Saturday, June 14, 2008

Fronda of the Plains, Part 1

A Lance Lawman story, by Gimp Pecosa

Lance woke early, fingers of hot sun poking through the chinks in the mortar and prodding him to “get up, get up, see to what needs seeing to.” It was going to be another scorcher, he thought, as he dragged himself out of his sweaty burlap sheets and damp mattress-ticking, and up and out the cabin door. Blinded by the sun, whose force was more like a mean left hook than a poke now, he staggered across the yard to the water trough. He scooped up a handful of tepid water and threw it over his sweat-greasy face. “What a way to enter the waking world,” he thought, and said, to no-one in particular, “My aunt Beatrice, but it’s dang hot today!”

As his eyes began to adjust to the nuclear brightness of the Texas morning sun, he looked out over the plain and wished, for the thousandth time, that the tiny cottonwoods he had planted on the edge of the paddock were higher than his knee. He wished for trees – any kind of tree: birch, maple, oak, willow, it didn’t matter, so long as it stood solid, large and proud against the sun and cast its sweet cool shadow over him. But instead, the bald horizon stared back at him, curving downward like an angry mouth. He kicked the bare ground and winced at the little plume of dust that rose there. Then he turned and started back to the cabin, stopping to relieve himself against a fencepost, cursing the lack of trees again.

As he let his stream go, as it hit the dust and sent little whirls of dust and steam up into the hot air, he looked around the bare paddock. And something – there, right by the edge, by the baby cottonwoods – caught his eye. A pile of blackened brushwood, cinders. Had someone built a fire – right here, on his property, while he slept? He tucked himself in and went to investigate.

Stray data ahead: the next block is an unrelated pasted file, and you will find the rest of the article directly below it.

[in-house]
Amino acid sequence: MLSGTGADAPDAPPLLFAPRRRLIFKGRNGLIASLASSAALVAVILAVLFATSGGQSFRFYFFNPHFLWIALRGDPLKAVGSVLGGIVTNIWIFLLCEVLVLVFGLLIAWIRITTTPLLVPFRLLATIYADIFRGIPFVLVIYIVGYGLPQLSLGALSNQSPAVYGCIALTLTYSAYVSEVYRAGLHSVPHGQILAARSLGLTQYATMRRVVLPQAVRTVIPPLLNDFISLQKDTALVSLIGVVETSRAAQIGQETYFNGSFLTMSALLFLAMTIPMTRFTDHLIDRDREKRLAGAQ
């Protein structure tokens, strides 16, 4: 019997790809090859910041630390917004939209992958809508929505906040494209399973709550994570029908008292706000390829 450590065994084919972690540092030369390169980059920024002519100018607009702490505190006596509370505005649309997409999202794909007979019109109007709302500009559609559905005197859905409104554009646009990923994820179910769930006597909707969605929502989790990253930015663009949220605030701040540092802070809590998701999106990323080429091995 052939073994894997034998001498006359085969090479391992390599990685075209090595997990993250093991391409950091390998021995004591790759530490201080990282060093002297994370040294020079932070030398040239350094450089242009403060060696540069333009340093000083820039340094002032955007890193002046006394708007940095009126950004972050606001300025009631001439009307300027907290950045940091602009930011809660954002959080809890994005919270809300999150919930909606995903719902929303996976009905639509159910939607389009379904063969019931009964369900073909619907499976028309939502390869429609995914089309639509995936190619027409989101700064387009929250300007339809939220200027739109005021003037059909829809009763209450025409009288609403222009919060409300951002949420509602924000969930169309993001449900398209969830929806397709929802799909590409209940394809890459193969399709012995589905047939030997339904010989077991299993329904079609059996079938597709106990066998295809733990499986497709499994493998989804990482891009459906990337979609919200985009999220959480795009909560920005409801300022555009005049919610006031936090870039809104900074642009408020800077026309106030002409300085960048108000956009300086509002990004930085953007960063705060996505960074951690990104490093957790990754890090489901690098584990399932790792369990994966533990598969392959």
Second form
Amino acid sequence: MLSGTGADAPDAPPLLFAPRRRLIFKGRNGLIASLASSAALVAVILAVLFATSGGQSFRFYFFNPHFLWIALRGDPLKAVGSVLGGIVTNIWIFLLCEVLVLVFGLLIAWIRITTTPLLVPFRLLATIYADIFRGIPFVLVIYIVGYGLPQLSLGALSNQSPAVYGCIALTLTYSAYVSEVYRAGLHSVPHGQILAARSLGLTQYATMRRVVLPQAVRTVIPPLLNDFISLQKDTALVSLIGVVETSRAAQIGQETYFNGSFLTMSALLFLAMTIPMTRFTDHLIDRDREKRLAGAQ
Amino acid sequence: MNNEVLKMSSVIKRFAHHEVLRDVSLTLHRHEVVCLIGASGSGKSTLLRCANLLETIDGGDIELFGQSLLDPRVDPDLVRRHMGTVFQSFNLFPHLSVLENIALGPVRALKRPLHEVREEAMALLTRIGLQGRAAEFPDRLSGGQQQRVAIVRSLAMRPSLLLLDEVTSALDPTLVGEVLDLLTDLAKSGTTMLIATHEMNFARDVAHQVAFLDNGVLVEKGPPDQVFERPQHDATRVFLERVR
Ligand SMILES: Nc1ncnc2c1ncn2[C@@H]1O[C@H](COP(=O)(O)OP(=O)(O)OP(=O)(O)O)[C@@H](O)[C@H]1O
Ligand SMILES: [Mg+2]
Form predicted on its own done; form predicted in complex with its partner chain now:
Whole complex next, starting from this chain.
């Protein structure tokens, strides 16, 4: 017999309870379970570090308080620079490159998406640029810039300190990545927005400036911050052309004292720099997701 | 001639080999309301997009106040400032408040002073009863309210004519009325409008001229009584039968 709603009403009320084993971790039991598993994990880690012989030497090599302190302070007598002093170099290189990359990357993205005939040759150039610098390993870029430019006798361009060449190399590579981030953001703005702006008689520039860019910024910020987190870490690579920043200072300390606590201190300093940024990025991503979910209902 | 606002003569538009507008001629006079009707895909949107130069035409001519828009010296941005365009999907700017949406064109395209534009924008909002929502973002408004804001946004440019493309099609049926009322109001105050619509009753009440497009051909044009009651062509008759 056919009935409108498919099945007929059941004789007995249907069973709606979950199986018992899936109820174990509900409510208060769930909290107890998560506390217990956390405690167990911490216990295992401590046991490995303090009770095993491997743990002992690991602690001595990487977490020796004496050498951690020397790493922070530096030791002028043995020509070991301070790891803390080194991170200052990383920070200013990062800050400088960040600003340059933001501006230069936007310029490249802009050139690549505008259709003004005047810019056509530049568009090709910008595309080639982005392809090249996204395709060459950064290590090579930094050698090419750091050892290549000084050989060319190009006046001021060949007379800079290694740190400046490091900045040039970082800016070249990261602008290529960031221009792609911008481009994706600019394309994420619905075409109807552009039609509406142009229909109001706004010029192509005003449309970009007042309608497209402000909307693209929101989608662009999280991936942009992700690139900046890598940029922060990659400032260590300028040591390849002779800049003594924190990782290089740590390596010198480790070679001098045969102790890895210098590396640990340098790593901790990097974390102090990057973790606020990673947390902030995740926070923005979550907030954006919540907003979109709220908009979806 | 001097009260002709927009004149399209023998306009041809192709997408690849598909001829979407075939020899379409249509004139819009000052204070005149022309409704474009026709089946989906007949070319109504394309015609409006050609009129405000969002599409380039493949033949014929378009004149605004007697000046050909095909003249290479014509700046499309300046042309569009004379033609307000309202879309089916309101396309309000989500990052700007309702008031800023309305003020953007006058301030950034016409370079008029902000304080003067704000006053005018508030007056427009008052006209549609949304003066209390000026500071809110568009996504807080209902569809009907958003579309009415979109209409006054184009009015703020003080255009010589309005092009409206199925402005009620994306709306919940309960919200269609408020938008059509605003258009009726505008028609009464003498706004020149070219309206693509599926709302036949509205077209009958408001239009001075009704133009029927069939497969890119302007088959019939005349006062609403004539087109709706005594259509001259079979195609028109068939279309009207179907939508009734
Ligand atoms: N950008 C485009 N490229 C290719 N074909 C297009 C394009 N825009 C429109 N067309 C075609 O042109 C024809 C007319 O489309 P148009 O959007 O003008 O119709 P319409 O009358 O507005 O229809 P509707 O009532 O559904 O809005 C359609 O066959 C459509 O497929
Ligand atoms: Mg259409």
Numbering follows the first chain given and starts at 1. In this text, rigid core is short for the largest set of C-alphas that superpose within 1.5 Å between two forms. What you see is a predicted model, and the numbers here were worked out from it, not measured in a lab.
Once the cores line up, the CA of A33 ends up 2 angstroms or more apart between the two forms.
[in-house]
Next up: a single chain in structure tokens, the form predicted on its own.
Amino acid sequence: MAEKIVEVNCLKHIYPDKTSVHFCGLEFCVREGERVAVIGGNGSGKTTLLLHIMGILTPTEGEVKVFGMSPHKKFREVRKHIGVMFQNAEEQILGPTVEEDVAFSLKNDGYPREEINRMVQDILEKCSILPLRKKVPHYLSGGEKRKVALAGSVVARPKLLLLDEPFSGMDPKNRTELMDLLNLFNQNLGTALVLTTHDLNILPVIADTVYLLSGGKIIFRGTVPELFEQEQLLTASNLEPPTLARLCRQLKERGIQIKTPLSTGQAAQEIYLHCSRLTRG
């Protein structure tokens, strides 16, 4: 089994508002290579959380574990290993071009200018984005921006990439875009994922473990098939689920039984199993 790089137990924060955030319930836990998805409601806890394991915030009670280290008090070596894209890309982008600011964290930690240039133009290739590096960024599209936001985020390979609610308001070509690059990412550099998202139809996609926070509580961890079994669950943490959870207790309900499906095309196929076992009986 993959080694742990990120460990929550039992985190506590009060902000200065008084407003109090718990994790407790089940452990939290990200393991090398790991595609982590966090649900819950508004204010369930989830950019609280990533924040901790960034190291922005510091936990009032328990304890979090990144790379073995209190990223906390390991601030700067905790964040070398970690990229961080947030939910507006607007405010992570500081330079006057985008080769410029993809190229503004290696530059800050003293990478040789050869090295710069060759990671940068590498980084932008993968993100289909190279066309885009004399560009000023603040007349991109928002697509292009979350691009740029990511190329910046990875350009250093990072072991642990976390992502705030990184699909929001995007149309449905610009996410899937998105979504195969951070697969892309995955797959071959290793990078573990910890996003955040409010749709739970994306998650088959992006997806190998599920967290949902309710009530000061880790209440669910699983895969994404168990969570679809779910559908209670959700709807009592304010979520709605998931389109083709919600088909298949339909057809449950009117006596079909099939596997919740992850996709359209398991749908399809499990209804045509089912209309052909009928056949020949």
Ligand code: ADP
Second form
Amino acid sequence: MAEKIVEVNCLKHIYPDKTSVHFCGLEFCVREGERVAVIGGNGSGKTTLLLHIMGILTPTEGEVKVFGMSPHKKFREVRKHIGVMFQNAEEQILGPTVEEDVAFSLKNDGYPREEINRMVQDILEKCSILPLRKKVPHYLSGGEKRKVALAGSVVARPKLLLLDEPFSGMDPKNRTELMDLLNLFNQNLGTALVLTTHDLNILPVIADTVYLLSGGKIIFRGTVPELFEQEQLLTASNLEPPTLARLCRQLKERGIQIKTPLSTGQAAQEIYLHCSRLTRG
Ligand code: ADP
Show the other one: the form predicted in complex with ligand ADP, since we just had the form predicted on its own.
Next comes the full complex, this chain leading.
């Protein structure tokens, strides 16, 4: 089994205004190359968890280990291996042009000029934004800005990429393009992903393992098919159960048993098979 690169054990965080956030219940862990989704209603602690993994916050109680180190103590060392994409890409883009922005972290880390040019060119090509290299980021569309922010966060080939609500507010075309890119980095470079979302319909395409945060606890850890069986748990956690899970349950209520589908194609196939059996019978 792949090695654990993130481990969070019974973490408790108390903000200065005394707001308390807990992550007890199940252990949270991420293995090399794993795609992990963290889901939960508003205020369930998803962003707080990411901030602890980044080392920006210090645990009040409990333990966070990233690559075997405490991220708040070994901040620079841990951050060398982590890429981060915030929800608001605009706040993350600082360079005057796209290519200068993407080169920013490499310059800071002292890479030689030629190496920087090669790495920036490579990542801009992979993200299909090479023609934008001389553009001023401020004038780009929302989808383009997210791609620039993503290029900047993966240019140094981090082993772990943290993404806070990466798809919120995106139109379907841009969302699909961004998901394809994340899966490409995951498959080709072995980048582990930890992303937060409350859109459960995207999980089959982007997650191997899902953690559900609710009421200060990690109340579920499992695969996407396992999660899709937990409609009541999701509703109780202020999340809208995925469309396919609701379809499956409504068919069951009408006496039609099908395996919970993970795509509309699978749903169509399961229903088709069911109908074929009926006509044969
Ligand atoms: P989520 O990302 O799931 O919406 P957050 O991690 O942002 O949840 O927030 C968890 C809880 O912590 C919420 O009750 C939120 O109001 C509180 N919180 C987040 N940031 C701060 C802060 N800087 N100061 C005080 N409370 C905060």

It was indeed a pile of cinders, surrounded by a well of footprints, marking a distinct circular pattern. There were three feathers stuck standing straight up in the middle of the cinders – marking the spot where a tiny skeleton, bits of flesh still clinging to its tiny ribcage, lay – or rather stood, posed as if it were sitting up, head perched on top with rather a lot of blackened skin and hair still covering it. Some kind of rodent. As big as Lance’s big hammy hand, with sharp teeth and little claws and – “Oh god!” Lance uttered, almost realizing it – “Oh my god! A squirrel!” – and he turned on his heel and beat it back to the cabin, double-time.

“FRONDA!” he cried, as he ran. “Fronda! Baby, are you there? Little Fronda, my little Fronda!” – and burst back into the gloomy cabin, where he shook his head, trying to make his eyes adjust, as he stumbled toward the corner. There stood a willow-bark cage. Empty, as empty as his tobacco-tin piggy bank, as empty as the promise of Cherry, the beautiful girl who had first brought Fronda to him in a basket lined with linen cloths, a tiny bonnet on the squirrel’s little furry head. “I’ll be back for her soon,” Cherry had said, “I promise. And when I come back there’s something in it for you too, you big hunk of lawman.” That was a year ago, and since then he’d gone to the general store every week to get the pecans Fronda liked, had lined her cage with fresh grass, and had told her all his stories, his joys, fears, and sorrows. And he had dreamt of Cherry night after night, and sometimes in the dreams Cherry had little dark eyes like Fronda’s, and she nestled against him with the same little soft burrowing motions that Fronda made.

And now Fronda was gone. Gone forever, irreversibly gone. An ache started deep in Lance’s chest and swelled and swelled up, up to his throat, his mouth – and he opened his mouth and released a cry, an inhuman sound, a wounded animal bringing the dark matter of his pain out into the sunlight, a wrenching, grating syllable: “NOOOOOOOO!”


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